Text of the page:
Thank you very much. I was just about to try harder to pop mine apart with a sharp edge, which would have broken it. My old Sony MDR-CD60 is a little different than yours, but the idea is the same. It has three screws in wells, one of which is pretty deep, so you'll need a jeweler's screwdriver.
The brake cable listed in these instructions is in fact 1.6 mm dia, which is a standard bicycle brake cable, although I’m not sure what kind of bullet it has on the end. So you could also get this at a bike shop.
The brake cable housing is more complicated. Length is 35 inches to the shoulder of the bushing on one end to the shoulder of the bushing on the other end. The outside diameter of the housing is 6.0 mm. Standard bicycle brake cable housings are 4.0 or 5.0 mm in diameter, and their bushings have simple flat ends without shoulders. Thus, it appears that you cannot buy this part at a bike shop. But it looks like they are available from here:
I recommend putting additional cable ties on the brake cables, especially if the walker is frequently plopped in and out of a car. They tend to catch on things and get bent out of shape.
Dear powerbookg4hdd. This is a very long screw and you could not drill it out. First, try to turn it with needle-nose pliers. If that is too difficult, use a larger drill bit and try to drill the head completely off instead. You're in a very difficult situation. Of course, remove the RAM card to give yourself some working space.
Add a "good quality silver-based thermal paste" to the list of tools required. See step 25 and here:
When you remove the logic board, note that there is an EMI finger surrounding the connectors on the left side. Now here is the important part: When reassembling, remember to reinstall this EMI finger!
They say "peel" because it is stuck with adhesive.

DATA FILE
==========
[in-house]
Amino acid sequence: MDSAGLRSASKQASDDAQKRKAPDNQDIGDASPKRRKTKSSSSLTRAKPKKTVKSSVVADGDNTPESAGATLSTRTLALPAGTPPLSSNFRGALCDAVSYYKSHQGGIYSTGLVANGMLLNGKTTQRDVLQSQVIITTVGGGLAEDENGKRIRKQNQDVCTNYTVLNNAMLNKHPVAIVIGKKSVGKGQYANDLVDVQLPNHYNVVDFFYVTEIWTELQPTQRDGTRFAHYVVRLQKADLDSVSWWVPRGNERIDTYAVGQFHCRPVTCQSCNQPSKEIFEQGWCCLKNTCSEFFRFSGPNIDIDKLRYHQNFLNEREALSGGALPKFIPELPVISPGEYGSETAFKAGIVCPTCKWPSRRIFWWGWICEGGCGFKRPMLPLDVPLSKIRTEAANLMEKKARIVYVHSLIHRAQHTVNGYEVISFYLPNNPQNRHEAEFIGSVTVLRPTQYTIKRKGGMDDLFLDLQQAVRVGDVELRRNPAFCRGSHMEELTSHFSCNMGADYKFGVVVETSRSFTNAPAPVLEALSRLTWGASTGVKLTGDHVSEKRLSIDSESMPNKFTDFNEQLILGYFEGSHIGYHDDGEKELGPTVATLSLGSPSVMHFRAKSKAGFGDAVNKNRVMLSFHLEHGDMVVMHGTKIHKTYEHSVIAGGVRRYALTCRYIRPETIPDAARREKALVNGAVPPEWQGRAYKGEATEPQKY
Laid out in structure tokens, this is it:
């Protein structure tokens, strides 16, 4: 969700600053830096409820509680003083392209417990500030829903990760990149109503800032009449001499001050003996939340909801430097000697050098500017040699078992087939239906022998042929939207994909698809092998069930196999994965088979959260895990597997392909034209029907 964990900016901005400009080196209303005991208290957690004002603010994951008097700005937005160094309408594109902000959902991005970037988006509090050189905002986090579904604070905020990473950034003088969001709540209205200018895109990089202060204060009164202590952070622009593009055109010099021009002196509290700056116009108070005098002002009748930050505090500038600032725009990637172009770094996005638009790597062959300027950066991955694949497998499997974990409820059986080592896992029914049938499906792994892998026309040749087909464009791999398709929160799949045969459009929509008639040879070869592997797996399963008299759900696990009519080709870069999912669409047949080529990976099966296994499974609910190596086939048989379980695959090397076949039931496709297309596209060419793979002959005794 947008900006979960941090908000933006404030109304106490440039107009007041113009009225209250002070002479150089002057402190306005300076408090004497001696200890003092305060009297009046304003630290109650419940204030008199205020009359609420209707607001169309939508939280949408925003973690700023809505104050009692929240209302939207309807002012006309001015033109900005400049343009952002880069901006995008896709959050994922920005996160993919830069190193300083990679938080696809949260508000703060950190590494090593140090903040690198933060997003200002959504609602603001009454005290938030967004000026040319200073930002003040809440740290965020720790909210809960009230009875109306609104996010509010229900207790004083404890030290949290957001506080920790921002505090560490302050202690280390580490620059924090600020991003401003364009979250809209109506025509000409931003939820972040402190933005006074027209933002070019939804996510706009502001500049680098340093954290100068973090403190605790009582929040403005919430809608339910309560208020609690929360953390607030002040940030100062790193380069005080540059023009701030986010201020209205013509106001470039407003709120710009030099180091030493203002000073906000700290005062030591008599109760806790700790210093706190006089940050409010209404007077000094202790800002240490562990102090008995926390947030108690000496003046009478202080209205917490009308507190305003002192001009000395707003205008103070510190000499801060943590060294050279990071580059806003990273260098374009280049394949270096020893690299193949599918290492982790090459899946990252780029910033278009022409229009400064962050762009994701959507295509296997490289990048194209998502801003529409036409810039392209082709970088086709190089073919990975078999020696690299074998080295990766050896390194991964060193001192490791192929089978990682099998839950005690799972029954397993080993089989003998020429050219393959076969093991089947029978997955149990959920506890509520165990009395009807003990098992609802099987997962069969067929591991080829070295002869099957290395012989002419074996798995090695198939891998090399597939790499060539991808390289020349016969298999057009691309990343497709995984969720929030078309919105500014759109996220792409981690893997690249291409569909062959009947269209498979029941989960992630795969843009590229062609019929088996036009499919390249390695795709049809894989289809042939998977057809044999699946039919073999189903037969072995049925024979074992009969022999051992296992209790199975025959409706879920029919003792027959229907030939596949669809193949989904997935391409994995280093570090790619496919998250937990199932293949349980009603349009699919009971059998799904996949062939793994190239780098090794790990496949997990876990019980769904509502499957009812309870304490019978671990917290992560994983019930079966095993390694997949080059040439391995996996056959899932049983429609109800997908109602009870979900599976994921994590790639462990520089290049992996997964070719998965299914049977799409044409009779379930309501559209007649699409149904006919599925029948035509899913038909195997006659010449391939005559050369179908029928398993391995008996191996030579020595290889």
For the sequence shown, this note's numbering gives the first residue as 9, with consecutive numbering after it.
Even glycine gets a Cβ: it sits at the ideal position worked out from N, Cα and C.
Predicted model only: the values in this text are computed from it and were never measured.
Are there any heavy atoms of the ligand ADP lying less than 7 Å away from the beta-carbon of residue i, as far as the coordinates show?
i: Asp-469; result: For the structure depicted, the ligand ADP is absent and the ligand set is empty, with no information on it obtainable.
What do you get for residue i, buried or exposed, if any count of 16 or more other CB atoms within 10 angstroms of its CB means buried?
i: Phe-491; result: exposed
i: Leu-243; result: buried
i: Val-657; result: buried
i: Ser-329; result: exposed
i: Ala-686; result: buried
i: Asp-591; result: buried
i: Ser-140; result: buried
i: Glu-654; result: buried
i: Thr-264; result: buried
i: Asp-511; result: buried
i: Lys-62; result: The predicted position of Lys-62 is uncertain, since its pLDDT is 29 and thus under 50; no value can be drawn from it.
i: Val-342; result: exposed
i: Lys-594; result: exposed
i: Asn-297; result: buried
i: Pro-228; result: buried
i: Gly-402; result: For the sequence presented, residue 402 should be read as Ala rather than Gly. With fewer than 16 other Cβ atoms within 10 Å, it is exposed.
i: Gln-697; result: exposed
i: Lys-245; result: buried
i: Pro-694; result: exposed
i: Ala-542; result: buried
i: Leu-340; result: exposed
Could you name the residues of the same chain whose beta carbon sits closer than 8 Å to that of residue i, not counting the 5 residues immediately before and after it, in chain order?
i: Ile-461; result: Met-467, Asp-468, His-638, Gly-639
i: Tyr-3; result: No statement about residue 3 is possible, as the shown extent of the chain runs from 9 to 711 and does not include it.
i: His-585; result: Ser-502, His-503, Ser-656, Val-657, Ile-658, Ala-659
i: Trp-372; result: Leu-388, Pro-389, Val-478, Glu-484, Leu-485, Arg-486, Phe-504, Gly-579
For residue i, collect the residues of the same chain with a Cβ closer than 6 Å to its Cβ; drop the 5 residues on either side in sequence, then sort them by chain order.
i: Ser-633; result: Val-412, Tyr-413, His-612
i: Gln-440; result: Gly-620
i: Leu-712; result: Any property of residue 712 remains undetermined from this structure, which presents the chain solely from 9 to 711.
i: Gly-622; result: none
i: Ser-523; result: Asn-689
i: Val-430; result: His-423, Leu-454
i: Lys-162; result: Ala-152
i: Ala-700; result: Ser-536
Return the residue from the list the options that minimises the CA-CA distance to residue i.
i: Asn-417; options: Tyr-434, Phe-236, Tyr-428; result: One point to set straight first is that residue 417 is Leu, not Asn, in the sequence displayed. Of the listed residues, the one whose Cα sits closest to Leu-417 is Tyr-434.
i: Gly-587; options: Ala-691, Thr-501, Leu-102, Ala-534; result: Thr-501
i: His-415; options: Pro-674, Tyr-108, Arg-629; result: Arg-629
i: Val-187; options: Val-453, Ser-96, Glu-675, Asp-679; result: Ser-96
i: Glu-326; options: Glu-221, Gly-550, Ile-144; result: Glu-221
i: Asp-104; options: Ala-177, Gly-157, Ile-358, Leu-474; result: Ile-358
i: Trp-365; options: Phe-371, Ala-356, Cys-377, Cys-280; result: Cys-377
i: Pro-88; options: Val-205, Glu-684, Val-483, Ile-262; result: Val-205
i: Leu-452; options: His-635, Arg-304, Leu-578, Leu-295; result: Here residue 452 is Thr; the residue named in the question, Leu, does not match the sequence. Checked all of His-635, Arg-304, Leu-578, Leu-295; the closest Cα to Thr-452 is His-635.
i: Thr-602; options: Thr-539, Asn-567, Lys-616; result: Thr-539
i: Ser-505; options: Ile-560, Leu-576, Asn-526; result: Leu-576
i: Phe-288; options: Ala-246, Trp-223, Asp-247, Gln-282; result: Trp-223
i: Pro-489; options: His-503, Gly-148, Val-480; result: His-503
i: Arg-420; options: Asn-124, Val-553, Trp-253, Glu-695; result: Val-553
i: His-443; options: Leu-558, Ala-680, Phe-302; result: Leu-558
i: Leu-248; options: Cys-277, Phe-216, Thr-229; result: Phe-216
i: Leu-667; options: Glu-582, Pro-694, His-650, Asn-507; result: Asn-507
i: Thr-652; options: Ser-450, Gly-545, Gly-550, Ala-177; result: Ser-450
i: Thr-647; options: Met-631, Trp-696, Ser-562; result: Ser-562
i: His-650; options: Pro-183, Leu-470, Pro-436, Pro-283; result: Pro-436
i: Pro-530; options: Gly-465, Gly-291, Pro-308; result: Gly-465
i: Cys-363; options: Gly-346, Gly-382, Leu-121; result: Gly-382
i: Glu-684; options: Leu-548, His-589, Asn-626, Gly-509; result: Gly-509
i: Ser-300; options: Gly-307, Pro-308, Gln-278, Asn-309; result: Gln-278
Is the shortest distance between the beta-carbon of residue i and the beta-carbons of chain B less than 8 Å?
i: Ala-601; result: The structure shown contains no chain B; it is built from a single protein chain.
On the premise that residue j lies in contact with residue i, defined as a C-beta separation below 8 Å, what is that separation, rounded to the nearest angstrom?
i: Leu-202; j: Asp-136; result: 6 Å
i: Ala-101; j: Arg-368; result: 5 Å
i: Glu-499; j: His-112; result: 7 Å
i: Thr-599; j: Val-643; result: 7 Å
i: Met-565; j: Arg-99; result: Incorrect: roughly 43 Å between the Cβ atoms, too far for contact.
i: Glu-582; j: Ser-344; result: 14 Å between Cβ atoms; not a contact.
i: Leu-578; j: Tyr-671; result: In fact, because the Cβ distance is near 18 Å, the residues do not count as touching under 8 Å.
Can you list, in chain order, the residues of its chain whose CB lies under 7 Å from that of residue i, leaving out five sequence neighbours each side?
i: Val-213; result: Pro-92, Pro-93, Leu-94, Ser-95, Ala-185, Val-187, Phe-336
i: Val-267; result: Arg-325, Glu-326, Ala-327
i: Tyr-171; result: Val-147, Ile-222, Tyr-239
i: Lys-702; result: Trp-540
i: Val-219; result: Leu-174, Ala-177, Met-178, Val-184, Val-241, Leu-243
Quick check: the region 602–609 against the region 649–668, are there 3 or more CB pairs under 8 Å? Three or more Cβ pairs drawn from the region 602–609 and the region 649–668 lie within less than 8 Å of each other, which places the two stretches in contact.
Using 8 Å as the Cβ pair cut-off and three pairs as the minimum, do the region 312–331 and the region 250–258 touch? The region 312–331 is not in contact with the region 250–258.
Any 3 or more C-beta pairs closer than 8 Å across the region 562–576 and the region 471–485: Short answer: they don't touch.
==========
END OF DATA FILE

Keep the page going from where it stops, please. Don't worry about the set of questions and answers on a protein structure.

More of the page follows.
The middle of the three 6 mm screws (orange circles) is hiding under the cable. Actually you need to do step 24 first, so you can access it.
This is not as easy as it looks. You see the four slots in the picturer there -- the two on the end are partially covered by the technician's left and right thumbs. Those are attached to plastic clips that need to be disengaged. You can access the two inside the batter compartment and disengage them using a small flat-head screwdriver, but the two on the left are not accessible. I finally got them to disengage by pulling up near the trackpad.
In the picture, the foil is already gone. If your computer has been taken apart previously, as apparently ours has, the foil may be already gone. The photo is missing the markers that are needed to see what they are talking about, but these two connectors are near the left side. The speaker cable has a red and black wire, and the microphone connector has three grayish white wires.
I would not pull up on the ribbon as is being done in the picture. Note that the black pastic base that you see is the connector part that is permanently attached to the ribbon cable. Use a small screwdriver or spudger alternately on each end of the black plastic base to pry and rock it upwards.
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